Task Shifting for Expanding Access to Quality Eye Care Services in Ethiopia

Quality eye care services are essential to the health and quality of life of Ethiopians. An estimated one million people in Ethiopia suffer from trichiasis, where eyelashes grow backward toward the eye. Trichiasis can result in damaged corneas and blindness yet the number of surgeries carried out annually during the last five years is less than 50,000. Many Ethiopians also live with cataracts, the country's leading cause of blindness and visual impairment. Approximately 500,000 Ethiopians have severe visual impairment or blindness from cataracts.

This research project will help inform and influence eye care policies in Ethiopia with the goal of expanding access to quality care. More specifically, the research team will:
- conduct research on cataract surgeons in Ethiopia to supplement existing data;
- compile existing evidence on cataract surgeons for a policy brief;
- compile existing evidence on trichiasis surgeons in Ethiopia for a policy brief;
- hold a meeting of stakeholders in Ethiopia to bring together Ministry of Health policymakers, trainers, eye care program staff, and others to discuss how existing evidence can inform cataract and trichiasis surgery policies, programs, and practices; and,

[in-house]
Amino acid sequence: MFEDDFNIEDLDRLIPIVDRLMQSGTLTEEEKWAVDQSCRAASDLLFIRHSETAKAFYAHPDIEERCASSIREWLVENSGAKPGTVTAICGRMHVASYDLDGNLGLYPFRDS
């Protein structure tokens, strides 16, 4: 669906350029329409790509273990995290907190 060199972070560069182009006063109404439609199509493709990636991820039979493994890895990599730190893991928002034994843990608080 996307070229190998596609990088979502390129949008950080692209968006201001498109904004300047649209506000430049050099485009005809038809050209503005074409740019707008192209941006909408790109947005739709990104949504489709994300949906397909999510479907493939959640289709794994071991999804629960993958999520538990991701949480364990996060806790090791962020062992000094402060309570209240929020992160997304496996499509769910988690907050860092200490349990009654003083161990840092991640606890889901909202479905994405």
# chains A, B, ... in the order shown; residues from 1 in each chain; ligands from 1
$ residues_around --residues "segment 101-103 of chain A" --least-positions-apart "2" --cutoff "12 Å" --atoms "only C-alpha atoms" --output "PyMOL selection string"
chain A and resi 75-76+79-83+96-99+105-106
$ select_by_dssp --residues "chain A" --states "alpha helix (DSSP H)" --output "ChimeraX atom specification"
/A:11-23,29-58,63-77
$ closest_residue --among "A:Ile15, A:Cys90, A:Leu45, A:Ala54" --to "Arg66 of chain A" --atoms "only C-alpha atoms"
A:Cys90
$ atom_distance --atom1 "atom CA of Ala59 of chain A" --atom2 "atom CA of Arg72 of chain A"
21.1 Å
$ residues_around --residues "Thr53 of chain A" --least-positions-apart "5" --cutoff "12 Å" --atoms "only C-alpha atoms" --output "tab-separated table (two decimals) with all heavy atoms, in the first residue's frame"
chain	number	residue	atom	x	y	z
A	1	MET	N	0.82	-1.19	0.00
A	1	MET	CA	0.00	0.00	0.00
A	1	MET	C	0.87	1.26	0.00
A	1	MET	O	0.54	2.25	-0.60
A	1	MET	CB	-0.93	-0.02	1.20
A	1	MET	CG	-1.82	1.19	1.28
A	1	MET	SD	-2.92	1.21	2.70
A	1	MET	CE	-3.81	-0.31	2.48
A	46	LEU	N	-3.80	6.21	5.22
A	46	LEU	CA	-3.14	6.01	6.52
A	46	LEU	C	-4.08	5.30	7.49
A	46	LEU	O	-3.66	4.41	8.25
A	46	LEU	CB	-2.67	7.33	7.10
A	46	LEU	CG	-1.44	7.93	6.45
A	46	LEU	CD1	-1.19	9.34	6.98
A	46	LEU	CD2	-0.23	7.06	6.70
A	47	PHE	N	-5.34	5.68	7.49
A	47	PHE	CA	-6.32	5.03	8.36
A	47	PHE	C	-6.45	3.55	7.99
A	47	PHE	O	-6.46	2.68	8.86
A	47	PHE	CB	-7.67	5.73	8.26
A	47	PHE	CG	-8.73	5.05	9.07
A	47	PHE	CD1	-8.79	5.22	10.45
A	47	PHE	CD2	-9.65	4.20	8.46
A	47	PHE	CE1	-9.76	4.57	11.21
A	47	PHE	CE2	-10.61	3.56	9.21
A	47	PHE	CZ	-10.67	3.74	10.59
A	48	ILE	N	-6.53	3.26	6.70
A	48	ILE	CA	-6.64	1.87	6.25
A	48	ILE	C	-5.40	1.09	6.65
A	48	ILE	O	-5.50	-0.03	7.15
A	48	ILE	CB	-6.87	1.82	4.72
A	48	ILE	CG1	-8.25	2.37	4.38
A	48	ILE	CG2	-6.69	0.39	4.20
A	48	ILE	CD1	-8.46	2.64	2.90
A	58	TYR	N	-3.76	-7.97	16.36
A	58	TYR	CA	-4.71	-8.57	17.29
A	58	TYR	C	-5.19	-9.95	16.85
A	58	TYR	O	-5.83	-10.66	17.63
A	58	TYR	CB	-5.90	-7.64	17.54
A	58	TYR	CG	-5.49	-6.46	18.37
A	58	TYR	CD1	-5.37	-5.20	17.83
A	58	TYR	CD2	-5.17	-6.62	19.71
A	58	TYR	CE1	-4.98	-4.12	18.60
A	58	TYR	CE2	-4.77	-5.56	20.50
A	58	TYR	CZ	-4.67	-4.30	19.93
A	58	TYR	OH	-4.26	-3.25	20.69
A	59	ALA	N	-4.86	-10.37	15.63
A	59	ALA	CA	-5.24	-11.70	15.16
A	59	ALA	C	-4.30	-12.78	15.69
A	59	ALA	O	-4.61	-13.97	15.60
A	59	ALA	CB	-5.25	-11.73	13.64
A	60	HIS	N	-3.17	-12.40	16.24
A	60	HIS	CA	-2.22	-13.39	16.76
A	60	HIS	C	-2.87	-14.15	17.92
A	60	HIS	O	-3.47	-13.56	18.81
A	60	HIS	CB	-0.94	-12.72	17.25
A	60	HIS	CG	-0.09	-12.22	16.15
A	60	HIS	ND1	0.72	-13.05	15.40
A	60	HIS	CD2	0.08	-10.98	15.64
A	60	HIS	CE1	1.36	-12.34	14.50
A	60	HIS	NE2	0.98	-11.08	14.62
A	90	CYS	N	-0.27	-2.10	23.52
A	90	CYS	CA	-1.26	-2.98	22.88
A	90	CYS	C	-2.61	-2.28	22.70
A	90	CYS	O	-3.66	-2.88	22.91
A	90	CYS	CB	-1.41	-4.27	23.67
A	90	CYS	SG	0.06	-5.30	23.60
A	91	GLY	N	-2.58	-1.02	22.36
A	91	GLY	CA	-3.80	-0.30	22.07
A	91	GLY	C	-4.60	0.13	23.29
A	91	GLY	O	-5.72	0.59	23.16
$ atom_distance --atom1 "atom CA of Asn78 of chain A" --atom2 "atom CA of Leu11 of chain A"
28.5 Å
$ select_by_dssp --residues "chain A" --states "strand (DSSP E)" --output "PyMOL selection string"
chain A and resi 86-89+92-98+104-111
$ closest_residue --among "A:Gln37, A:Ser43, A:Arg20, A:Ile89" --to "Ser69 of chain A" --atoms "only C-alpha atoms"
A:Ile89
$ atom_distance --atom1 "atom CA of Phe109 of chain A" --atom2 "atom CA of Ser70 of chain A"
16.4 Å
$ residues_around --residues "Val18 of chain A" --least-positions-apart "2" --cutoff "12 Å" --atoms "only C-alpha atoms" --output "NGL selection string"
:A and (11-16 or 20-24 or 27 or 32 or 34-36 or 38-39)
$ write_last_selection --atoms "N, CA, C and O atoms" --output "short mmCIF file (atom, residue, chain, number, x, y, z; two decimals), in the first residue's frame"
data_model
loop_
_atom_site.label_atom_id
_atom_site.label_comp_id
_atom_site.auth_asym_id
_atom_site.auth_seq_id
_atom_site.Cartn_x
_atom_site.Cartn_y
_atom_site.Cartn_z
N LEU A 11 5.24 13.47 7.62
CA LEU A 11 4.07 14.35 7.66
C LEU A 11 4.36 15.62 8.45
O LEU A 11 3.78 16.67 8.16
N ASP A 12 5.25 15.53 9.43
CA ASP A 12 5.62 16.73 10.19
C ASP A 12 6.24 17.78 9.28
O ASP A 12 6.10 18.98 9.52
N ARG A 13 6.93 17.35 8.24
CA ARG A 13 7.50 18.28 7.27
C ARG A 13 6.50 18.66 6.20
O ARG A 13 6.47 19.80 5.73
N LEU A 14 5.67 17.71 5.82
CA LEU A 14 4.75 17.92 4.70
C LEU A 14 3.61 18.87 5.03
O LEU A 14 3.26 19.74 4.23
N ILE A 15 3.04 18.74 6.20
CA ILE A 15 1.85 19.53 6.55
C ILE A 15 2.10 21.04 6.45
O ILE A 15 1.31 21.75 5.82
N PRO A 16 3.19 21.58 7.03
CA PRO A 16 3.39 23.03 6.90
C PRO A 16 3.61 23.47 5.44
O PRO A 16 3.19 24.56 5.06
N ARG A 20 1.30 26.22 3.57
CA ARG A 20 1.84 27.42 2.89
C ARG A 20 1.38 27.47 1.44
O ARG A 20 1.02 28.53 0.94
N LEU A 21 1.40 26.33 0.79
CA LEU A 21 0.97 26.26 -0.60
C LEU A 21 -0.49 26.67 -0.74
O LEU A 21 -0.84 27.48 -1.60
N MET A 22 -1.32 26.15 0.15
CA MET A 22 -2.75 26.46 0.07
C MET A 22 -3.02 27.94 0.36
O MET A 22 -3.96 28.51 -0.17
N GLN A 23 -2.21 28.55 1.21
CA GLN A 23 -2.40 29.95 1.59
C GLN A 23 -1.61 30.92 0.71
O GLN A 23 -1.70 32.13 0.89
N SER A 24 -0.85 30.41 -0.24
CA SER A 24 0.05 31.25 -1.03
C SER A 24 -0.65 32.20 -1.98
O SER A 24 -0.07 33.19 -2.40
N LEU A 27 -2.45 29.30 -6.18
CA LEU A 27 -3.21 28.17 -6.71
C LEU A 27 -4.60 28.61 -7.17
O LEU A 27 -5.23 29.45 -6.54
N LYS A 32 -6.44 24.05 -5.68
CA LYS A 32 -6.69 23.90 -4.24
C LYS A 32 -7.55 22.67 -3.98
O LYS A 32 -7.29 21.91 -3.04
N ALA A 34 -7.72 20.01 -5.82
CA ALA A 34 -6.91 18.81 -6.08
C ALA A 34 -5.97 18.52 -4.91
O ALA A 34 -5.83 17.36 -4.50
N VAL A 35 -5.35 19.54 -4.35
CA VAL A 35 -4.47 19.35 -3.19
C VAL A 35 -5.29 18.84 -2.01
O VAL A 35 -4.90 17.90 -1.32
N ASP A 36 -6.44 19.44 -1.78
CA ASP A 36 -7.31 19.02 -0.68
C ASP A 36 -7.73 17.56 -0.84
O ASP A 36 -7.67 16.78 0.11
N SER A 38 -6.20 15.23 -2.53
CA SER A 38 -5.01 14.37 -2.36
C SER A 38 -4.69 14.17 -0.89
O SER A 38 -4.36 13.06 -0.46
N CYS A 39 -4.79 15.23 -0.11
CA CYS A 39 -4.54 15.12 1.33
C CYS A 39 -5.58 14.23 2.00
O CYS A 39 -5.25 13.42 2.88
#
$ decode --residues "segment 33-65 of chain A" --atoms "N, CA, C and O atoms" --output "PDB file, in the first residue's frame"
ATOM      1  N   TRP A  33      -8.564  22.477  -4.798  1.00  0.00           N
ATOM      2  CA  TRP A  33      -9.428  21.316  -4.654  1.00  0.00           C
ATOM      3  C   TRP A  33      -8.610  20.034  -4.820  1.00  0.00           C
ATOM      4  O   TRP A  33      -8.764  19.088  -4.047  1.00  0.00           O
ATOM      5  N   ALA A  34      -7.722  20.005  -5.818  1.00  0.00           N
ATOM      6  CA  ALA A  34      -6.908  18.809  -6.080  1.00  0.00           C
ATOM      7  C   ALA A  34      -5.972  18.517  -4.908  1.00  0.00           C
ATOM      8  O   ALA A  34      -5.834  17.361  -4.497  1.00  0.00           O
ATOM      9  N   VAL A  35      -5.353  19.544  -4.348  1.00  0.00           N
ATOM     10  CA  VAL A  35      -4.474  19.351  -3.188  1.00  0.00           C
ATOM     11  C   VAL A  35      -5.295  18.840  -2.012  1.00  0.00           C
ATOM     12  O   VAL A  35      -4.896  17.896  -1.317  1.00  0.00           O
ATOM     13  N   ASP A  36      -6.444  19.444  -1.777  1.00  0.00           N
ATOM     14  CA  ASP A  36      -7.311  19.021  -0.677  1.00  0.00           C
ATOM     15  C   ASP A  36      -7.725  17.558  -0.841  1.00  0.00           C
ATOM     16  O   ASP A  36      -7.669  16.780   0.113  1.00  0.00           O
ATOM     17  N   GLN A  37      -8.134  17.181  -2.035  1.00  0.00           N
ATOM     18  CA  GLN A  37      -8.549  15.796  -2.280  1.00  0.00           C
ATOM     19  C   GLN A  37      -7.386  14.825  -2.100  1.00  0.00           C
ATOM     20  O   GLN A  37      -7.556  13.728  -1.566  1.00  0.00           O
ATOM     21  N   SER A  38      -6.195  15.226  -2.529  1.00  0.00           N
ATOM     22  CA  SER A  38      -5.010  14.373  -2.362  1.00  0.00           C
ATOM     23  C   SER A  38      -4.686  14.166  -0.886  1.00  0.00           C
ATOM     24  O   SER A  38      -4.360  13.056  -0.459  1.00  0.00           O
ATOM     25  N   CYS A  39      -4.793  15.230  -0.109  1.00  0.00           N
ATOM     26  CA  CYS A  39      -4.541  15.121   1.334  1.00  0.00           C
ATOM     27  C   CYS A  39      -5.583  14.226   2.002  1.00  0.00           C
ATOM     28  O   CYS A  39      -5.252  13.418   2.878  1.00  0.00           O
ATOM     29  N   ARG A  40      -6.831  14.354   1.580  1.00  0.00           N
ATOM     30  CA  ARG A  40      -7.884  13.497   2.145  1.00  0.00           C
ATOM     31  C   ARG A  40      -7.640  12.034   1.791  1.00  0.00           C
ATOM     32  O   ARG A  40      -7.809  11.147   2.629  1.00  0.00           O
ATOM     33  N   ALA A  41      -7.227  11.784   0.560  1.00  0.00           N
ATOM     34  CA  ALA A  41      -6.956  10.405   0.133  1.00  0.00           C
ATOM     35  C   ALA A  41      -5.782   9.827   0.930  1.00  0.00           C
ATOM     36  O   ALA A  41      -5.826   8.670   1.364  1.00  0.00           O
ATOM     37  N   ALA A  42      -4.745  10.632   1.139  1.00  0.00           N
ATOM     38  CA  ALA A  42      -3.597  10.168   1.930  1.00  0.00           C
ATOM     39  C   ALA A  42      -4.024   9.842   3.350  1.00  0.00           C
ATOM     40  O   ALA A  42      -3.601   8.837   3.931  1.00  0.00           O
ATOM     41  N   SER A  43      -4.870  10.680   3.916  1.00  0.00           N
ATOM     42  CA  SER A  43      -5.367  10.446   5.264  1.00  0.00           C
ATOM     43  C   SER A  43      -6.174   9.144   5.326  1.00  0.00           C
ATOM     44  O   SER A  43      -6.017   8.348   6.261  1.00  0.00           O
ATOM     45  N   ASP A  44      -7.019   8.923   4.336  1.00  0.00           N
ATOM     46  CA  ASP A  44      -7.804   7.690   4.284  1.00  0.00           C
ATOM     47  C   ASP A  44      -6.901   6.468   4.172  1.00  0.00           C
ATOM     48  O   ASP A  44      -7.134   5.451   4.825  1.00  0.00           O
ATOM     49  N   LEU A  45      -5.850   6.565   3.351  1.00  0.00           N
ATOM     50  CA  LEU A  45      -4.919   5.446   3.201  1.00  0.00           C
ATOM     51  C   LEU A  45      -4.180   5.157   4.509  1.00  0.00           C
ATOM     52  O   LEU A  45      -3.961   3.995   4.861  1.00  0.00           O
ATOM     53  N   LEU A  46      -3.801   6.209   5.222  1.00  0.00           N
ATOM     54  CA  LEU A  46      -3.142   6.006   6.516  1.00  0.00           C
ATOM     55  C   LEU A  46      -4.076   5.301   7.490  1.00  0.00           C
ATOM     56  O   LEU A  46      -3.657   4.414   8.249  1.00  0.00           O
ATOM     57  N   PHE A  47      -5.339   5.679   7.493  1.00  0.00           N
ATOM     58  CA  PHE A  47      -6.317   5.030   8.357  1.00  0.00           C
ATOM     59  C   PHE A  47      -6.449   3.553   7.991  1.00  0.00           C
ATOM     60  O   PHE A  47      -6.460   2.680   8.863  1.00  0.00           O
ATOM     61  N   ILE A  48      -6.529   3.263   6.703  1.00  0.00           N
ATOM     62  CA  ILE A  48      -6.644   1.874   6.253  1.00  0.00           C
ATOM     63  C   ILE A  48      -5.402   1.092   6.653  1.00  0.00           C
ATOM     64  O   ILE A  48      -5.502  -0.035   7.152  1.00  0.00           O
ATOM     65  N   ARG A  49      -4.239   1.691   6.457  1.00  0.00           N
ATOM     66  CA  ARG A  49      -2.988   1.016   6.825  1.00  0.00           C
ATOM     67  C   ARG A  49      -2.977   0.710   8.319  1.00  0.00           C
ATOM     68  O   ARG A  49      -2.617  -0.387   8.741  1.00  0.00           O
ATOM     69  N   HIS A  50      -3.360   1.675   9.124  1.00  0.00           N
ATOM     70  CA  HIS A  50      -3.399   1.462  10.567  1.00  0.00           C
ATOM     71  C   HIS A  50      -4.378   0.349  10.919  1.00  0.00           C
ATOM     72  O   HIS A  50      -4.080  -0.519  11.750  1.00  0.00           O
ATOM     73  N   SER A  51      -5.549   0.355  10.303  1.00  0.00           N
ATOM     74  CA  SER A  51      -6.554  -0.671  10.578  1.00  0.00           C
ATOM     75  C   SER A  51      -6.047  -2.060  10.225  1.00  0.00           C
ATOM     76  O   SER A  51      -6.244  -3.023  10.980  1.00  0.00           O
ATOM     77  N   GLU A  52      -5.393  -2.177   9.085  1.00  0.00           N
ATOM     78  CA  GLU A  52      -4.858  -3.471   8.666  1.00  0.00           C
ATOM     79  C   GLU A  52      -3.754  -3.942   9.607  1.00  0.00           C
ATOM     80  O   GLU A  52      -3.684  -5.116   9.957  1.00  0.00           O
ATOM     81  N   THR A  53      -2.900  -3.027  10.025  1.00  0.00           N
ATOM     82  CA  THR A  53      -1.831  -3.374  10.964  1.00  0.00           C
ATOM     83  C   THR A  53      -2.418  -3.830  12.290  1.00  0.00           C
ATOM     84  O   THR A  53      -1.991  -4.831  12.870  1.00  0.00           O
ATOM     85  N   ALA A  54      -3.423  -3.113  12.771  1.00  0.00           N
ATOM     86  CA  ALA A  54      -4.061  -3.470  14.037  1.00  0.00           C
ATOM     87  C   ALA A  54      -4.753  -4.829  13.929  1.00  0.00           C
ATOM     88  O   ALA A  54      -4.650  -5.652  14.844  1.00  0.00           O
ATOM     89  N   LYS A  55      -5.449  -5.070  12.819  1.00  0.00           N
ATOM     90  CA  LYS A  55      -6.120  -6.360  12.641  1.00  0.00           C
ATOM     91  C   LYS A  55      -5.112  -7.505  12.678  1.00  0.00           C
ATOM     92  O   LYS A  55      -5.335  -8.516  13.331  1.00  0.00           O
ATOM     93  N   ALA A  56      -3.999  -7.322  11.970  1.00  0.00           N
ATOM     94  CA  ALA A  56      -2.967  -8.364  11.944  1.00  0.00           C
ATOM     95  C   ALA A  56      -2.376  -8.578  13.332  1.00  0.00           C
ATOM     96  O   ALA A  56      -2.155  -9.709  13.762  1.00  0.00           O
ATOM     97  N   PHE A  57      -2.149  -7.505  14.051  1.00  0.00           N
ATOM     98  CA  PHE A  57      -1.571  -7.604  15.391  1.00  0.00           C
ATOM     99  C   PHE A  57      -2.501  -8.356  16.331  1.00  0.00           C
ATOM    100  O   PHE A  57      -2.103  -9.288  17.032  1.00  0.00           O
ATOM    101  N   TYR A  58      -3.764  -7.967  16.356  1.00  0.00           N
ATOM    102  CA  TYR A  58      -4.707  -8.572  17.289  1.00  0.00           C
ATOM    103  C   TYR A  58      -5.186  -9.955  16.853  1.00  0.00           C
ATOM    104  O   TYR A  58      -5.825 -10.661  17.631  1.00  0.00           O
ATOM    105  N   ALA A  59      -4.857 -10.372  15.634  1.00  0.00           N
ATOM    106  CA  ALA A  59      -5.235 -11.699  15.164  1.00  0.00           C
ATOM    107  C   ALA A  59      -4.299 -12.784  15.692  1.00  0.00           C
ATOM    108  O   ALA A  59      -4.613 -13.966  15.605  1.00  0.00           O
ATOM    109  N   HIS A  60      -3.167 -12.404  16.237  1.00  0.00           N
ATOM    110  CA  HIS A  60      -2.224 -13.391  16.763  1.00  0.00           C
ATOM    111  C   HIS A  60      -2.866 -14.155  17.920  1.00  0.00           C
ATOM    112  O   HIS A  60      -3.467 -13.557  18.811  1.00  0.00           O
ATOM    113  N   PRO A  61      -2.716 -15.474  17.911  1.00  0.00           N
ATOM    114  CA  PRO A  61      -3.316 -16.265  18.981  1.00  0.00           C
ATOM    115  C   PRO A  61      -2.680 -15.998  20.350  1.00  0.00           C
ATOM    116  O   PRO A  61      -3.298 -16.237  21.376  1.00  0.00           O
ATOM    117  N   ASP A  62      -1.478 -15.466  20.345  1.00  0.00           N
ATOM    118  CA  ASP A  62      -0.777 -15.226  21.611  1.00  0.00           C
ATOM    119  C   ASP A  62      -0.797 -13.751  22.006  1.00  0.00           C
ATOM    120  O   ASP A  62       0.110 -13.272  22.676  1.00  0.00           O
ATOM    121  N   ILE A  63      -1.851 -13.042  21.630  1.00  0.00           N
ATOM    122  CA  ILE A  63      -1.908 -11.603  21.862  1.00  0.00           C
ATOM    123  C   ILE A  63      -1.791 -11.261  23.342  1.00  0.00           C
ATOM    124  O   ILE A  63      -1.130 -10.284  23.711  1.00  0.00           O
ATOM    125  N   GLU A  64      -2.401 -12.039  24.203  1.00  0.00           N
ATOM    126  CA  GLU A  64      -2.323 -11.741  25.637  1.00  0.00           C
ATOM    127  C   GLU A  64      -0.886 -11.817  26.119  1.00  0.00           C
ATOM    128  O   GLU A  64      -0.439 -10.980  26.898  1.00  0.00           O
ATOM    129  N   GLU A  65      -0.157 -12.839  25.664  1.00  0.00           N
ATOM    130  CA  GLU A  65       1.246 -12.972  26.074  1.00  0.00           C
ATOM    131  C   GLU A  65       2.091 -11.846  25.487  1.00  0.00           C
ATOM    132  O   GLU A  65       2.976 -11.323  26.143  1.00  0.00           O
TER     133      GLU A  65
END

- prepare a report in collaboration with the Federal Ministry of Health.

The Kilimanjaro Centre for Community Ophthalmology (KCCO) will lead the project and work with Ethiopian research colleagues. This work will advance KCCO's earlier efforts under the Africa Health Systems Initiative - Support to African Research Partnerships. The organization addressed three main eye care issues:
- non-physician cataract surgeons are conducting cataract surgery;
- general nurses are conducting trichiasis surgery; and,
- general health workers (at frontline health facilities) are providing primary eye care.

The findings from this earlier work were compiled and discussed at a stakeholder meeting in Nairobi, Kenya, in 2012. The Nairobi meeting also included colleagues from Ethiopia. They reviewed two areas where tasks are shifting in Ethiopia: trichiasis surgery and cataract surgery. While some evidence on the issue exists, the results from the various research activities in Ethiopia must be compiled. Researchers need to work with the government and its NGO partners to develop a clear strategy to guide trichiasis surgeons.

Since 2007, four Ethiopian training centres have offered training to non-physician cataract surgeons. In 2012, funding for the program ceased. While researchers have investigated productivity, their work has been limited. Further research is needed. Stakeholders must also review the evidence to decide whether the training program should continue as is, follow a different model, or be abandoned.

Project ID


Project status


Start Date

Monday, March 25, 2013

End Date

Monday, November 25, 2013


8 months

IDRC Officer

Cohen, Marc

Total funding

CA$ 33,390


North of Sahara, South of Sahara, Ethiopia, Kenya


Maternal and Child Health

Project Leader

Paul Courtright


Kilimanjaro Centre For Community Ophthalmology International NPC

Institution Country

South Africa

Institution Website